Clean the wrought iron well. If the iron is new, it will be coated with a thin layer of oil to prevent rust from setting in before the iron is used. The oil must be removed prior to welding and painting. Alcohol and a lint-free cloth or rag makes short work of the cleaning process. Remember to only clean the iron you intend to use, because oxidation can occur in a matter of hours if left untreated.
Cut the wrought iron carefully. One of the most important things to consider when preparing to weld wrought iron is that it is cut correctly. Even the slightest angle on tubing that is meant to be completely straight and flush can throw things out of alignment. If you have access to a chop saw, it is recommended to cut the steel in bulk so that it all ends up at exactly the same length and with the same angles. If not, measure very carefully and cut precisely so that you achieve the desired outcome. Also, it is better to cut too long than too short, so always err with a long cut to be safe.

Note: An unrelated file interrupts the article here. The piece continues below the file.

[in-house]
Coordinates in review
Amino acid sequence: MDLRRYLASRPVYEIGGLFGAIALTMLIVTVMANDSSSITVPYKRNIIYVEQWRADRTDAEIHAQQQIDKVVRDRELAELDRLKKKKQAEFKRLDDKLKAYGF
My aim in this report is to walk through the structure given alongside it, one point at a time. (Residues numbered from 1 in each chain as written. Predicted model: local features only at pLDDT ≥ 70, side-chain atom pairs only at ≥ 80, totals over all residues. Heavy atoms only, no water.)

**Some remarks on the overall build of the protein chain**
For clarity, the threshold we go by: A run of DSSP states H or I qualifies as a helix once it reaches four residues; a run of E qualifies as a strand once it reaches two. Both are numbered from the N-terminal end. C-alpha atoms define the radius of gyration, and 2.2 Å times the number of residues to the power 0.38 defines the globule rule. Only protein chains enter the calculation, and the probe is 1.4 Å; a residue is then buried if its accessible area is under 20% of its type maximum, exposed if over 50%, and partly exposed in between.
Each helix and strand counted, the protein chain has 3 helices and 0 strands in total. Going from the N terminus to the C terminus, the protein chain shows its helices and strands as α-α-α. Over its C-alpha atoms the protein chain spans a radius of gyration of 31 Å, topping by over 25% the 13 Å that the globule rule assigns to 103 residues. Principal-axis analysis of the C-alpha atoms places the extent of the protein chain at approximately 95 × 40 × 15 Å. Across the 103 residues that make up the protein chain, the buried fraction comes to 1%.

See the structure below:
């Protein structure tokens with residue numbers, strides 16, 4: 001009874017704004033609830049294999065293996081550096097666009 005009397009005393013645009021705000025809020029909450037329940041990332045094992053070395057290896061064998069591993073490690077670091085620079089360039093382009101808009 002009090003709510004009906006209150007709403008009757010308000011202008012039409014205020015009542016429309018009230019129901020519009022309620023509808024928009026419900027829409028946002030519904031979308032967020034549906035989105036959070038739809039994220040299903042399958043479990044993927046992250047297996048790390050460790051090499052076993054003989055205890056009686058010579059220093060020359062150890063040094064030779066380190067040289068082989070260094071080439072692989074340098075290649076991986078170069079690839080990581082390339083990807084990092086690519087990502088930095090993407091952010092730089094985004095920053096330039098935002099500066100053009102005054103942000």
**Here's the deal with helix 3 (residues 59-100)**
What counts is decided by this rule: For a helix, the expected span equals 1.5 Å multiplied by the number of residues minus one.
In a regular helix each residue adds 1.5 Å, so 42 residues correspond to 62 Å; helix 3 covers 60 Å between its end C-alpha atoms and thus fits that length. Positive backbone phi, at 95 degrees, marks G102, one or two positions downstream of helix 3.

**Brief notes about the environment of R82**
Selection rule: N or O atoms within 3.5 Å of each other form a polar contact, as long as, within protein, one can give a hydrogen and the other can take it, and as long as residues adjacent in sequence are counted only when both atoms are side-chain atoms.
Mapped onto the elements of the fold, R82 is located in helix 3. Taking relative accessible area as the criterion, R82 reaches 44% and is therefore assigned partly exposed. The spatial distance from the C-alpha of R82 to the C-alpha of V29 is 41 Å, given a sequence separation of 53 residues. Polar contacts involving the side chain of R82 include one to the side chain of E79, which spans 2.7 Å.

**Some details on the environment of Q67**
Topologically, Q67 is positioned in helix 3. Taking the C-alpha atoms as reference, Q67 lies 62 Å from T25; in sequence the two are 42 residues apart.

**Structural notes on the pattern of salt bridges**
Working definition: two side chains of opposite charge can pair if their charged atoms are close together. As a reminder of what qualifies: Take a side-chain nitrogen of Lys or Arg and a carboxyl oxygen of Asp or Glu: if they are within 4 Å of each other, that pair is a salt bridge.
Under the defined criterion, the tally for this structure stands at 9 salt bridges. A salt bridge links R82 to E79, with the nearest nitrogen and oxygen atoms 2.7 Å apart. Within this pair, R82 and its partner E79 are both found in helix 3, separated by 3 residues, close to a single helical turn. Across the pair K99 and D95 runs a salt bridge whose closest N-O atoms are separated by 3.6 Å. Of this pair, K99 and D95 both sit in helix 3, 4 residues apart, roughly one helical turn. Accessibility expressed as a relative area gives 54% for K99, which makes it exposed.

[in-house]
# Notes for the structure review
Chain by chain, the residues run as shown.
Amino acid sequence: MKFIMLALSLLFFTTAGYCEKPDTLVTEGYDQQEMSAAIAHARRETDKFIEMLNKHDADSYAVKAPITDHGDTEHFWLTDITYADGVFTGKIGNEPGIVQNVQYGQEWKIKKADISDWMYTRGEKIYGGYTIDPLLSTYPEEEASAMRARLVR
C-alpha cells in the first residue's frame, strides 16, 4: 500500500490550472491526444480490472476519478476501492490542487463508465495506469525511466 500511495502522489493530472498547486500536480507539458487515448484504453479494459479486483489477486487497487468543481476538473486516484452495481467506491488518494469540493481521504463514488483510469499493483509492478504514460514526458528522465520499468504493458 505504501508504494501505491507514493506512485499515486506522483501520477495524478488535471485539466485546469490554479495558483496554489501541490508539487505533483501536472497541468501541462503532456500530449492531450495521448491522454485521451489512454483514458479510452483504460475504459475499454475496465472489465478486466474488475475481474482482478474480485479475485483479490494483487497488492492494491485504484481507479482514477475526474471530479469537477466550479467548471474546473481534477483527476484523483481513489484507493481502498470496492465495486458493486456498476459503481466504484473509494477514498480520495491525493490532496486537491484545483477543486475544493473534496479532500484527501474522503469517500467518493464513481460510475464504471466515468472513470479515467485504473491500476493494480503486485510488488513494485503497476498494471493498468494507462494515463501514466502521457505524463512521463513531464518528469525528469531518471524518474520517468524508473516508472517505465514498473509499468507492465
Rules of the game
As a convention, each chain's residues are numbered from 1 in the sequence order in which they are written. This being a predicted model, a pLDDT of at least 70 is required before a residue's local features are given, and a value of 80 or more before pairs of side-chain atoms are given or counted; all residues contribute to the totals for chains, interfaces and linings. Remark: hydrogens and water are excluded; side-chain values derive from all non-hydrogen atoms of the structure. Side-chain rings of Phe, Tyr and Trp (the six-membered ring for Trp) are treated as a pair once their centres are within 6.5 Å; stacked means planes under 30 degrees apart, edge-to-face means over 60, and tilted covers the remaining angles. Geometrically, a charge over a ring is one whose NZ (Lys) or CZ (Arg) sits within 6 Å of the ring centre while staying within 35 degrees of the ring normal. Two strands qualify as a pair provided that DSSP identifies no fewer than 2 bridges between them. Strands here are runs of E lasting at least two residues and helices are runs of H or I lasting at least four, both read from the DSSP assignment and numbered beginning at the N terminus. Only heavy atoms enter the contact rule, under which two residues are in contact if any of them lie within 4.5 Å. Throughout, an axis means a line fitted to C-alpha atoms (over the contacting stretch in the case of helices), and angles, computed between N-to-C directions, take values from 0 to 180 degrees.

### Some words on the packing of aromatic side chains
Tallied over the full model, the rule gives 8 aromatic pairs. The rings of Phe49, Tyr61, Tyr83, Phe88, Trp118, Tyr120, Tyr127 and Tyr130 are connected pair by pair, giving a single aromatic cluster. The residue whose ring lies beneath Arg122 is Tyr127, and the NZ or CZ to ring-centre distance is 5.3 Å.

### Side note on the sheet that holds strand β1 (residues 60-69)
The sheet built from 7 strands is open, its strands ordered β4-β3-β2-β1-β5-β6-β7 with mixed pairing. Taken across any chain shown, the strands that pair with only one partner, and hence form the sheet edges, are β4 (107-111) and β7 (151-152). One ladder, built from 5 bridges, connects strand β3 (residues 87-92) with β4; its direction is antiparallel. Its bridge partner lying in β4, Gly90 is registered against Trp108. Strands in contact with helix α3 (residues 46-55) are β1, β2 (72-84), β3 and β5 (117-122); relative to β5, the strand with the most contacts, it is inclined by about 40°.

Set the welder. Inside the door of the welder there is a chart that will tell you how hot to set the welder for each thickness of metal. Use that as a start point, and then fine-tune if necessary once you begin welding. It is better to weld too cool than too hot, because if you burn through the wrought iron you can create a mess. Start cool and gradually turn up the heat for better penetration.
Place the ground clamp close to the work and weld the iron. The welder will produce the cleanest and strongest arcs if the ground clamp is placed near the weld. If the wrought iron project is a big one, it is okay to keep moving the clamp along with the welder to ensure quality work. Keep the tip of the MIG gun about a quarter-inch away from the surface of the wrought iron and move slowly for best penetration. It is a good idea to prime and paint the materials as soon as possible after welding to prevent rust.